Pack done in by inside job

Saint Mary's Joe Rahon, right, drives the ball against Nevada's D.J. Fenner during the first half of an NCAA college basketball game Friday, Nov. 11, 2016, in Moraga, Calif. (AP Photo/Ben Margot)

Saint Mary's Joe Rahon, right, drives the ball against Nevada's D.J. Fenner during the first half of an NCAA college basketball game Friday, Nov. 11, 2016, in Moraga, Calif. (AP Photo/Ben Margot)

MORAGA, Calif. — A crazed sellout crowd, a nationally ranked opponent with all five starters returning that rarely loses at home.

Those factors alone made Friday’s opener a tough one for the Nevada Wolf Pack.

And, then throw in reserve center Jock Landale, who scored a career-high 33 points and nine rebounds to lead the 17th-ranked Saint Mary’s Gaels to an 81-63 win over the Pack before 3,500 at McKeon Pavilion.

“It was a great game for my start but I’m just happy we came out and played well,” Landale said. “It’s my guys. My guys, Joe (Rahon) and Emmett (Naar) are phenomenal at passing the ball. They find me really easily and that’s where I got most of my points.”

Nevada coach Eric Musselman said during the week the Pack was an unfinished product, and he was right.

Nevada’s defense was no match for the ball-control tactics of the Gaels, who continually broke the Pack down off the dribble and scored at will inside.

Landale, a last-minute starter for Dane Pineau, made 15 of 20 field-goal attempts. He had nearly half of the Gaels’ 33 field goals.

“We got absolutely annihilated inside,” said Musselman. “I don’t know if I’ve ever had a player hit 15 of 20. We got annihilated inside at the secret scrimmage. We have a lot of work to do.

“We weren’t ready to play this type of team in a place like this. That is an NCAA tournament team. They don’t lose here. I never should have scheduled the game.”

The Gaels have now won 72 of their last 78 games at McKeon Pavilion.

When you think of Saint Mary’s you think of guard play. Joe Rahon and Emmett Naar are dangerous 3-point shooters, but that aspect of the game took a backseat to the ability of Landale to score at will whether it was Jordan Caroline, Cameron Oliver or Elijah Foster on him.

“There was some pick and roll (plays),” Caroline said. “We didn’t do a good job of getting down to the back guy.”

“He is 7-foot and weighs 260,” Oliver said. “They just fed the post. We’re undersized, and we have to find a way to work with that.”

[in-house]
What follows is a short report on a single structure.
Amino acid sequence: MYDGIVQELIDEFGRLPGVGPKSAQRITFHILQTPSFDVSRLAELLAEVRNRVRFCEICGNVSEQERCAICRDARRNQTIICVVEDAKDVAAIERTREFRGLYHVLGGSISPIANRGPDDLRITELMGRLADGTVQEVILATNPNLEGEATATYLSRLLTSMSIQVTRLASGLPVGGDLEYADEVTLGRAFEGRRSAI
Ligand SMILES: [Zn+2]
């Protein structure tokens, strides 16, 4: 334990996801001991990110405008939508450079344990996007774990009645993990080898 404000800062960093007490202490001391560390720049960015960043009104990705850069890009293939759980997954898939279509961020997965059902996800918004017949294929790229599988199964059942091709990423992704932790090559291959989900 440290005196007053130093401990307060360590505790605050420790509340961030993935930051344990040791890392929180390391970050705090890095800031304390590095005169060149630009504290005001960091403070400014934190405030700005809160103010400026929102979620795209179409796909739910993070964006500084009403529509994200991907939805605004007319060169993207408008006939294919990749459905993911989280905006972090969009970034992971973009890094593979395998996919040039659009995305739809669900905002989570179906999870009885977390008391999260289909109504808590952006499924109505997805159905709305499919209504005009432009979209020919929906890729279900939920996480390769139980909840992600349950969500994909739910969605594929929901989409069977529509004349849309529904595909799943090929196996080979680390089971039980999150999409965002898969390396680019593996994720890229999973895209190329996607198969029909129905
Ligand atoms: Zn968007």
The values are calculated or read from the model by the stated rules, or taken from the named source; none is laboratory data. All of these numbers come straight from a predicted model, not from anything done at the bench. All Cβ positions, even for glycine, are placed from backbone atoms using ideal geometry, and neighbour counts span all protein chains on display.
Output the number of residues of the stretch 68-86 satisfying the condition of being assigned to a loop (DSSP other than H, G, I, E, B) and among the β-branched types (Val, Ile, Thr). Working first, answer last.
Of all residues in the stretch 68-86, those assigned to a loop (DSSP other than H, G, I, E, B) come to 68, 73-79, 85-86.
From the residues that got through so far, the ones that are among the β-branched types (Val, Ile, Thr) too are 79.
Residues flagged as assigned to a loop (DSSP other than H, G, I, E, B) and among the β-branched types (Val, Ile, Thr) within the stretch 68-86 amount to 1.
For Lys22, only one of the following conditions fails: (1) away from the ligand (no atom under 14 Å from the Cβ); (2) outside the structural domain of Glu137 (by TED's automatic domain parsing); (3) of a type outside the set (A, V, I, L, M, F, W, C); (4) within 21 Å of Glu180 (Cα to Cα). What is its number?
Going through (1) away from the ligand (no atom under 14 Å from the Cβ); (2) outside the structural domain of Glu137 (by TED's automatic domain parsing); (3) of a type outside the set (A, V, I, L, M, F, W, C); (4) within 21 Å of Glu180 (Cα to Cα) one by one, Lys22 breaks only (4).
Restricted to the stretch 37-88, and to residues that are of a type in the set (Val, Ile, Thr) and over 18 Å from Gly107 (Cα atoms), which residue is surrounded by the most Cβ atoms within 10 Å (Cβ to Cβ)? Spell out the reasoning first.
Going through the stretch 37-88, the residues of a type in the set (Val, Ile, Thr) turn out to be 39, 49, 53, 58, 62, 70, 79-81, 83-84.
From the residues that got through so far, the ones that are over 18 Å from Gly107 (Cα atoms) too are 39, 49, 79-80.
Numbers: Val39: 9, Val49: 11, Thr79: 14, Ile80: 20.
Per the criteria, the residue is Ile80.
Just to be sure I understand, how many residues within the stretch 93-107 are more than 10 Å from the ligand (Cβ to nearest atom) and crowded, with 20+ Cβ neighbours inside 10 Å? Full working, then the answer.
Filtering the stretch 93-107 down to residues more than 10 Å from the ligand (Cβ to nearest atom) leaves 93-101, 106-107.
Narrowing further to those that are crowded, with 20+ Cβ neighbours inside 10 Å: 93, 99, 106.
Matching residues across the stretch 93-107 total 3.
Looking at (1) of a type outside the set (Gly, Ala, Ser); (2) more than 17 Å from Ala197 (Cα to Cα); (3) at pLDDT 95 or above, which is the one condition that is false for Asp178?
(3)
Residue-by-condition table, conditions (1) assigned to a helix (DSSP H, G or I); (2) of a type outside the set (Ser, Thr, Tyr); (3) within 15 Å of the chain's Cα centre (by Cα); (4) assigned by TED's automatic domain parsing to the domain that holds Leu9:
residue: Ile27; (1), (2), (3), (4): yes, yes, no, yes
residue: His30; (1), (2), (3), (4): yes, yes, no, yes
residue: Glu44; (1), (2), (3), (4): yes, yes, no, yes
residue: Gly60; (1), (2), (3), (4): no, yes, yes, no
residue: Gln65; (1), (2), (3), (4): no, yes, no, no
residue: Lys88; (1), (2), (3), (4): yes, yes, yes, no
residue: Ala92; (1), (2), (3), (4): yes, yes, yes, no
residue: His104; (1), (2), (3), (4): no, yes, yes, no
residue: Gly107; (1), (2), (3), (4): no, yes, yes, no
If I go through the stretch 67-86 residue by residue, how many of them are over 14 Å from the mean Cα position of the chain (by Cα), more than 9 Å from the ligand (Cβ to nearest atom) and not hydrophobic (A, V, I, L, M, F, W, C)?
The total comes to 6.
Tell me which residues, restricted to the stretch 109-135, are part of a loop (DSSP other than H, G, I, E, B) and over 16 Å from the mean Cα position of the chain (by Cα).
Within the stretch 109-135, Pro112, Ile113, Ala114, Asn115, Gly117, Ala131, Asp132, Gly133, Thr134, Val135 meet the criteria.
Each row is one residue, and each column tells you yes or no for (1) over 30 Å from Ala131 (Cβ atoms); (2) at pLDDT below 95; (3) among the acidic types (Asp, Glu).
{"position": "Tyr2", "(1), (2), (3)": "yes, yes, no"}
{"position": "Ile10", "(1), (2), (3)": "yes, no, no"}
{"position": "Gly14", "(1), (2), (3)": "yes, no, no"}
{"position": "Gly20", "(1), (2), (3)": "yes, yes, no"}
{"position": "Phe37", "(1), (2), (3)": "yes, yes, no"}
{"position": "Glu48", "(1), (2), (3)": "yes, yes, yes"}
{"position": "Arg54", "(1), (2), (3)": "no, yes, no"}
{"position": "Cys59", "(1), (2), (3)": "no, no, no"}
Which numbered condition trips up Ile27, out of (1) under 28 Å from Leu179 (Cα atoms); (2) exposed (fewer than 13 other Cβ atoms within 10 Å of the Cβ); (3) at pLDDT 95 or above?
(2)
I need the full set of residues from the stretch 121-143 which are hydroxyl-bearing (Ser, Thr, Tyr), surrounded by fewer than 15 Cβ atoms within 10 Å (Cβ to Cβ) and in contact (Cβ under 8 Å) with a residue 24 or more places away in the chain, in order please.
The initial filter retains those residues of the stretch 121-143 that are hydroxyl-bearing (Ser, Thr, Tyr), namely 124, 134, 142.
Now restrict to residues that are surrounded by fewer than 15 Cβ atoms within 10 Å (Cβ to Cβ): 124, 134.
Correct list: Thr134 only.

The 17th-ranked Gaels shot 56.7 percent from the floor in the opening half thanks to Landale, who scored 16 points and pulled down five rebounds to help the Gaels to a 42-29 lead.

Evan Fitzner knocked down two treys early for an 18-9 lead, but the Pack responded with an 11-4 run, tying the game at 22 with 7:56 remaining in the half. Caroline, who finished with nine points and eight rebounds, had two buckets and two free throws in that span.

“Jordan played really hard,” Musselman said.

Oliver, who finished with 13 points before fouling out late in the game, picked up his second foul moments later and went to the bench.

That’s when the Gaels delivered the knockout punch, outscoring Nevada 16-2 in a 5-minute stretch and 18-7 overall in the final seven minutes to open up the aforementioned 13-point lead.

Kyle Clark started the barrage with a drive to the basket, and after a Nevada turnover, D.J. Fenner fouled Calvin Hermanson on a 3-point attempt, and Hermanson dropped in all 3 to make it 27-22.

After Marcus Marshall misfired, Landale scored on a lay-up and Clark dropped in a 3-ball to make it 34-24. Joe Rahon (11 points) scored on a drive and Landale tallied a lay-up to make it 38-24.

Nevada never got closer than 10 the rest of the way, trimming the deficit to 51-41 and 53-43, respectively.

And, the only reason the Pack was able to stay within shouting distance was the play of Marcus Marshall, who scored 21 of his team high 25 in the second half. After a 1-for-9 start in the opening 20 minutes, he knocked down 7-for-11 in the final half.

“I started out slow,” Marshall said. “My teammates urged me to keep shooting. With Cam out, I had to be more aggressive.”

Nevada could never make up any ground because it couldn’t get enough defensive stops.

“They’re (Nevada) good and going to be really good,” SMC coqch Randy Bennett said. “I can’t remember a game I was more stressed about. It was a great college basketball game. It was fun to be part of. I’m glad we got out of there with a W, but we did play well, we needed to play well to beat them.”


Former Nevada coach David Carter is in his second year as a “volunteer” coach for the Gaels. Carter, as part of his buyout after he was fired by Nevada, can’t be paid to coach anywhere until his contract is up which is at the end of the present season.

As expected, Carter didn’t make himself available to the media this week despite requests from the Appeal and Reno Gazette Journal.


The Cal women used a 26-11 second-quarter run to knock off Saint Mary’s, 74-67. Asha Thomas scored 19 to lead the Bears and Courtney Range added 14. The Gaels were led by Carly Turner who scored 21.


Use the comment form below to begin a discussion about this content.

Sign in to comment